Ten years ago (has it been that long?) I started my studies of English philology, linguistics and literature. I loved reading for hours upon hours and one of my favourite authors was Charles Dickens. There was one class I wasn’t too keen on though: language lab. Spending hours in a tiny booth recording and listening to your own voice, stumbling over tongue twisters … Who invented that?!
In his post ‘These three things‘, Jonathan Marks writes that the th-sounds (think, this) are something that many learners of English find difficult to master, but that learners shouldn’t worry too much about pronouncing them correctly.
Not so for me: I felt I had to get it right! I spent several hours a week in the booth, trying to master those sounds that were not native to me. Three was sree and though was dough. On learning about my frustration, a teacher advised me to do the following exercise: push the tip of your tongue against the back of your top front teeth, and repeatedly make a d sound: d-d-d-d-d. After hours of practice at school and at home (sorry mum!) I finally got it right.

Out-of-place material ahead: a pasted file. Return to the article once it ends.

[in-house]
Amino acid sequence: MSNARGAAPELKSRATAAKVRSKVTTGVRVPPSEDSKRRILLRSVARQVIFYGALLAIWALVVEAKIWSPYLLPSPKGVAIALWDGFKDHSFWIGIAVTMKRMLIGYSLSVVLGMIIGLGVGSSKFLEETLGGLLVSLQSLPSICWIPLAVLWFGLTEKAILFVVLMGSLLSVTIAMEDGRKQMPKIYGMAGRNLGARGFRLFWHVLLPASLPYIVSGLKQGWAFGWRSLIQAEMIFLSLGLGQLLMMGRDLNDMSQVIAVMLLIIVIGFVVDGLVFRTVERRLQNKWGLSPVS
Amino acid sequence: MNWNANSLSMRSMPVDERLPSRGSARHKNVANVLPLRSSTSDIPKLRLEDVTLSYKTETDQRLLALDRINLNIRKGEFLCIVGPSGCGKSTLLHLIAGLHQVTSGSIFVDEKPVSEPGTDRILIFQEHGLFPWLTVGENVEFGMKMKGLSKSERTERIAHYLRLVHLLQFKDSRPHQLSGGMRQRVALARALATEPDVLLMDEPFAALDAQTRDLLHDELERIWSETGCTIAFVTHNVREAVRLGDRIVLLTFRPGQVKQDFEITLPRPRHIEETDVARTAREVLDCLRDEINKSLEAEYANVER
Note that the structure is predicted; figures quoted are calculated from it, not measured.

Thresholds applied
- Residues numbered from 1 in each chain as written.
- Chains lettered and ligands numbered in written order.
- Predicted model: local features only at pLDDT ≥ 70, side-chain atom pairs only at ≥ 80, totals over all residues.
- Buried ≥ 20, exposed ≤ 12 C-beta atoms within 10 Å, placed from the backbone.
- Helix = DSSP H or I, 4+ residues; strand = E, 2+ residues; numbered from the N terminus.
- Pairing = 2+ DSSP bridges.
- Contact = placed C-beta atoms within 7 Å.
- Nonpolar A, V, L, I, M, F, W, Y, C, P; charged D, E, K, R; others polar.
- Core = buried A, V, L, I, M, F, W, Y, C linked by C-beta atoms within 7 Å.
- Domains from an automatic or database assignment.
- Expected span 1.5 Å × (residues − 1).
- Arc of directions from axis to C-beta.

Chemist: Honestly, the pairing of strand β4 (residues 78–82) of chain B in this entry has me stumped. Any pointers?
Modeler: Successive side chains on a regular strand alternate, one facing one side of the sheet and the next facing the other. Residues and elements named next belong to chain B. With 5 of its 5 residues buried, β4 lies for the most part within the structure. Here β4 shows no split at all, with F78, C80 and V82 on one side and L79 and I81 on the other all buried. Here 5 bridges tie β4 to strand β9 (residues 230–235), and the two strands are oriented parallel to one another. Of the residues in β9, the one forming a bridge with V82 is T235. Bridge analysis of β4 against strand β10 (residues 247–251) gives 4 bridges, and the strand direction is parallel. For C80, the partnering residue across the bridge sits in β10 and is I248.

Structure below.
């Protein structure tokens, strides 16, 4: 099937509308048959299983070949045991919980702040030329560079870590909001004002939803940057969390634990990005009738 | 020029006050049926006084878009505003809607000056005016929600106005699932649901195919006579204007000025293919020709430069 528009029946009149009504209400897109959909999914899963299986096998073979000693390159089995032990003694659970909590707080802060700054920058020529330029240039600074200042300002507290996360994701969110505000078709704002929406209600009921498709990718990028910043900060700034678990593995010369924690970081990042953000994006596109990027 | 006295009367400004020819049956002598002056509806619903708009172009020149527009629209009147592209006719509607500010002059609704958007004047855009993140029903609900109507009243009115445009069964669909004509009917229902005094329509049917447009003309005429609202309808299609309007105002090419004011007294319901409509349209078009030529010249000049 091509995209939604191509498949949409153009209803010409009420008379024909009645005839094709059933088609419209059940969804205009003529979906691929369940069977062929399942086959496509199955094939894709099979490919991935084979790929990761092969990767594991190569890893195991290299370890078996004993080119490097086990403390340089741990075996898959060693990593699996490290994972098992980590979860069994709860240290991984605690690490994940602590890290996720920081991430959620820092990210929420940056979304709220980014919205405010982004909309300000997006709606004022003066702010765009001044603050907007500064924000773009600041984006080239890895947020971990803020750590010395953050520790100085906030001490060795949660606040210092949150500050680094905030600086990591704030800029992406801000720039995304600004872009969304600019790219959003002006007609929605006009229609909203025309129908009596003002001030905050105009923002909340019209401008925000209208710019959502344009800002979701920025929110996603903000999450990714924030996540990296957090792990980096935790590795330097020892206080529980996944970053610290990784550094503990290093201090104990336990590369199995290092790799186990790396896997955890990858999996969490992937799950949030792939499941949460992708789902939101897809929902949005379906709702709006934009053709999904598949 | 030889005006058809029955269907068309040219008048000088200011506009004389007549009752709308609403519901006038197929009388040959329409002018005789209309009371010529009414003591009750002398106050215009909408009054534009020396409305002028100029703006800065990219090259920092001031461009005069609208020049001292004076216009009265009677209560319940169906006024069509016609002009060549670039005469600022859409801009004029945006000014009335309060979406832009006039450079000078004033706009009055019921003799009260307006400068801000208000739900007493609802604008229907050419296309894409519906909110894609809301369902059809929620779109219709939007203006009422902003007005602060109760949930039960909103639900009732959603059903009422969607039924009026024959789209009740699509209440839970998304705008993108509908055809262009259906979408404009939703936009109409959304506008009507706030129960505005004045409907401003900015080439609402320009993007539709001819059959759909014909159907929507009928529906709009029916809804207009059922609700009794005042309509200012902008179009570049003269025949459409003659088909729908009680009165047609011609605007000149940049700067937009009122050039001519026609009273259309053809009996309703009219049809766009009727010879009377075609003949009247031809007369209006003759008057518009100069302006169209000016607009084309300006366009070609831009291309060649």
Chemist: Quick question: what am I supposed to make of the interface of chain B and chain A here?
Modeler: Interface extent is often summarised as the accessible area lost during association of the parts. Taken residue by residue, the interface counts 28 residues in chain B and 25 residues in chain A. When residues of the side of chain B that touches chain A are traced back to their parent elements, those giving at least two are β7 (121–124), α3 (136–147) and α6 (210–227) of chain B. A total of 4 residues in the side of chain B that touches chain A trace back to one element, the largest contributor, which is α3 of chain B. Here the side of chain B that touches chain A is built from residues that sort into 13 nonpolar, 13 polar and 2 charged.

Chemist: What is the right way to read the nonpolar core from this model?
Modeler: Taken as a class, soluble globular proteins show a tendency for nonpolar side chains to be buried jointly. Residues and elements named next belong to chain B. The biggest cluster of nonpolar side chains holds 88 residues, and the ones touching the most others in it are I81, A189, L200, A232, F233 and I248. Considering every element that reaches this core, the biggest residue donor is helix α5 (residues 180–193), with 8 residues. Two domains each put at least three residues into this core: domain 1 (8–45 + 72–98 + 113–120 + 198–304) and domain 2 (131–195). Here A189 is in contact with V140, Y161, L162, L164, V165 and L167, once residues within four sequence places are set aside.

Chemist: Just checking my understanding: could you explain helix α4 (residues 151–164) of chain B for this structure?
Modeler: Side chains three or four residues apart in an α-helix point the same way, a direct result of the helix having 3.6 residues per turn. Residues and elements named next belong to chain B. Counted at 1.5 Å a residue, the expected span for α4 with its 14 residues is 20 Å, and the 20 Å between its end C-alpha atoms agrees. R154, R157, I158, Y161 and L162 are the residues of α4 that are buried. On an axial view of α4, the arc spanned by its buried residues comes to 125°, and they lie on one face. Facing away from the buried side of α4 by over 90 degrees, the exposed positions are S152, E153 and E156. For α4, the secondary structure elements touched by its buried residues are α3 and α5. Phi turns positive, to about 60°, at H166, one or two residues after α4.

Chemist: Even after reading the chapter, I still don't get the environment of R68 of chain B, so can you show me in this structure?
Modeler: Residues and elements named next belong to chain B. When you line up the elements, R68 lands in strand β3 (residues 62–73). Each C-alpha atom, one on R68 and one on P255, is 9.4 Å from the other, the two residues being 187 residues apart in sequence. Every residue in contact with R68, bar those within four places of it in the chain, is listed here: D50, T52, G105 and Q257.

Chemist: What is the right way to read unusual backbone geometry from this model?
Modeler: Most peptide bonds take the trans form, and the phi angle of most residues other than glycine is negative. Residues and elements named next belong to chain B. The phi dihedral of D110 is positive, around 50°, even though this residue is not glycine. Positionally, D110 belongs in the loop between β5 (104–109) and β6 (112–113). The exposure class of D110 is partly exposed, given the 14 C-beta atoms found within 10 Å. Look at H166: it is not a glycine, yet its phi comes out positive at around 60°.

A few months later I was visiting an English friend at her home in London. She asked me a question about how many times I’d read a particular book. “Thrice!” I said with confidence, knowing that this time my pronunciation wouldn’t fail me. “Thrice?” she said, laughing at my comment. What kind of old-fashioned word is that? You mean ‘three times’!
And so I learned that pronunciation isn’t everything and not everything can be taught from a book (not even one written by Dickens).
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About Saskia Iseard
Saskia studied at Leiden University before moving to Newcastle to work as a Linguist Monitor/Translator. She then relocated to Edinburgh and later Oxford to pursue a career in publishing at Macmillan Education.